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Maurice Richard hangs up his skates

Maurice Richard wasn't an outstanding stickhandler. And he wasn't the finest skater the NHL has produced. But he became one of the best players in history through sheer force of will. Driven by desire so fierce his glare unhinged rival goaltenders, the Montreal Canadiens star set numerous records. "The Rocket" became a cultural icon among Quebecers, who so revered Richard that they started a riot when "Saint Maurice" was suspended from the league.

Two days after limbering up at training camp for his 19th NHL season, Maurice Richard decides his hockey career is over. On Sept. 15, 1960, Richard announces he's retiring from the game. "For more than two years I have thought more about [retirement] than anything else," Richard says in this CBC Radio clip. "I knew the day was coming sometime, and these last two years have been awfully difficult for me because of it."

Richard's game has suffered in the past two seasons due to injury, and at 39 he's the oldest player in the league. But he's leaving with some impressive statistics: 544 goals in regular-season play and 82 in the playoffs. Richard has nothing but good wishes for the Canadiens, and his time with them may not be over: he plans to remain a goodwill ambassador for the team. 
. "Perhaps I can do as much for the club off the ice as in the lineup," Richard told reporters at his press conference, referring to his proposed role as a goodwill ambassador. (Source: Globe and Mail, Sept. 16, 1960)
. Richard's signature #9 was retired by the Canadiens on Oct. 6, 1960 - the second Canadiens number to receive that honour. (Howie Morenz's #7 was the first in 1937.)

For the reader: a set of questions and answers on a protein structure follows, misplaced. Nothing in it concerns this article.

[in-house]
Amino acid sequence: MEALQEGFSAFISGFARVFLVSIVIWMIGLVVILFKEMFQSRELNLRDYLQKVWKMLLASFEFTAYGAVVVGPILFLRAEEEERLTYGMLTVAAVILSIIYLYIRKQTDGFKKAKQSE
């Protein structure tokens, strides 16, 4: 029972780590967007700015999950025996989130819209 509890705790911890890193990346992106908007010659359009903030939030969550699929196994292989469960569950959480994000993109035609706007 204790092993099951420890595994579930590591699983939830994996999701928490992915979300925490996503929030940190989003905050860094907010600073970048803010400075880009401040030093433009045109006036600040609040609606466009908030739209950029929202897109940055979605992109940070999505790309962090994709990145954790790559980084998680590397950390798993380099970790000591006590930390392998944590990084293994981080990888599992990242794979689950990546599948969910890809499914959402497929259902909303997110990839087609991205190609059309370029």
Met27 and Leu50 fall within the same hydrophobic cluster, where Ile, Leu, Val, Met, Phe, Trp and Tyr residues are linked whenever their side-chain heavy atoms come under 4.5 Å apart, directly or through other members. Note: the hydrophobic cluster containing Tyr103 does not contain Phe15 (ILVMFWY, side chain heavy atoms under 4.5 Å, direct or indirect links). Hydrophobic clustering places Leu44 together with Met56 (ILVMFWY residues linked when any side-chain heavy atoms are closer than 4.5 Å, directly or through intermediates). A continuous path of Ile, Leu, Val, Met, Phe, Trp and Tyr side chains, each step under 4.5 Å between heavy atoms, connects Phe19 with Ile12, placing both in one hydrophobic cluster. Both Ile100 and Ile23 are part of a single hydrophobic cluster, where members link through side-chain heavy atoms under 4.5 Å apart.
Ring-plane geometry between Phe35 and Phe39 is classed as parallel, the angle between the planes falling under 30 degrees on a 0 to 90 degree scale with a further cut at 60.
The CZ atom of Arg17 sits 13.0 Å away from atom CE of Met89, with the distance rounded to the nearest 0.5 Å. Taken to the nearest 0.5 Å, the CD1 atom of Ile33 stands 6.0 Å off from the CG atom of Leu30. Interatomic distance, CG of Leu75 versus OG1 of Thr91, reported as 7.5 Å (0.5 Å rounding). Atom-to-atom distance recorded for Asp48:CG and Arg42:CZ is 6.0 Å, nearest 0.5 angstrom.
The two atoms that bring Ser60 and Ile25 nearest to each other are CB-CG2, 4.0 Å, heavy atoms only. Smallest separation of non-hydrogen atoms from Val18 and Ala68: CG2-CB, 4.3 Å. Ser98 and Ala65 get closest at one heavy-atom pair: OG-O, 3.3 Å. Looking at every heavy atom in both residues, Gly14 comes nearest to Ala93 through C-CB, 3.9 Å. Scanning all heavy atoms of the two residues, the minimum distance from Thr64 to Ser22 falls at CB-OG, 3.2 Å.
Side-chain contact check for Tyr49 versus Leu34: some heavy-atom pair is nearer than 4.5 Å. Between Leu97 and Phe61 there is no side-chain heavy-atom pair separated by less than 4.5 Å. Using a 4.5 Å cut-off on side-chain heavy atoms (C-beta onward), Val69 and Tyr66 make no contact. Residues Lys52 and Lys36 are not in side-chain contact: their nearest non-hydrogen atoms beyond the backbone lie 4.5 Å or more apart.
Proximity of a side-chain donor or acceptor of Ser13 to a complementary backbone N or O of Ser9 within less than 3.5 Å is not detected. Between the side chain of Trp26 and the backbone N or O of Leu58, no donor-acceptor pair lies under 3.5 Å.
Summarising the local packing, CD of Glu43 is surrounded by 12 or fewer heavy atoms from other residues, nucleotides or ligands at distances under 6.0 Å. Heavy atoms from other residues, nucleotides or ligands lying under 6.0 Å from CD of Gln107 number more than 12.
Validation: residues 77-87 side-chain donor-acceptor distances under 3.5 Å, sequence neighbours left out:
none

. In June 1961, Richard was inducted into the Hockey Hall of Fame. Usually, a player had to wait at least three years after retiring to become eligible, but the requirement was waived in Richard's case. Only nine players have been similarly honoured as of 2006.
. Because Richard's contract with the Canadiens had not yet run out, the team was obligated to continue paying his salary of $25,000 (about $175,000 in 2006 dollars) for three years.

. Two years after retiring, Richard asked that his ambassador duties decrease. The team then reduced his salary by half, and Richard eventually cut off his ties with them around 1965.
. Richard went into business for himself, buying a pub in downtown Montreal and then selling it three years later for a good profit. He invested the proceeds in a fishing-line firm that he operated from his basement.

. Richard's record of 544 NHL career goals in regular season play was first broken in October 1963 by Detroit's Gordie Howe. Richard pointed out to journalists that he had achieved the record over 978 games, but it took Howe 1,126 games to beat it.
. Richard said Howe was the NHL's best player of the previous 15 or 16 years. "Certainly, for one thing, he gets a lot of time on the ice - and of course gets more points," he told the Globe and Mail.
Medium: Radio
Program: CBC Radio News
Broadcast Date: Sept. 15, 1960
Duration: 2:14

Last updated: June 26, 2012

Page consulted on December 6, 2013

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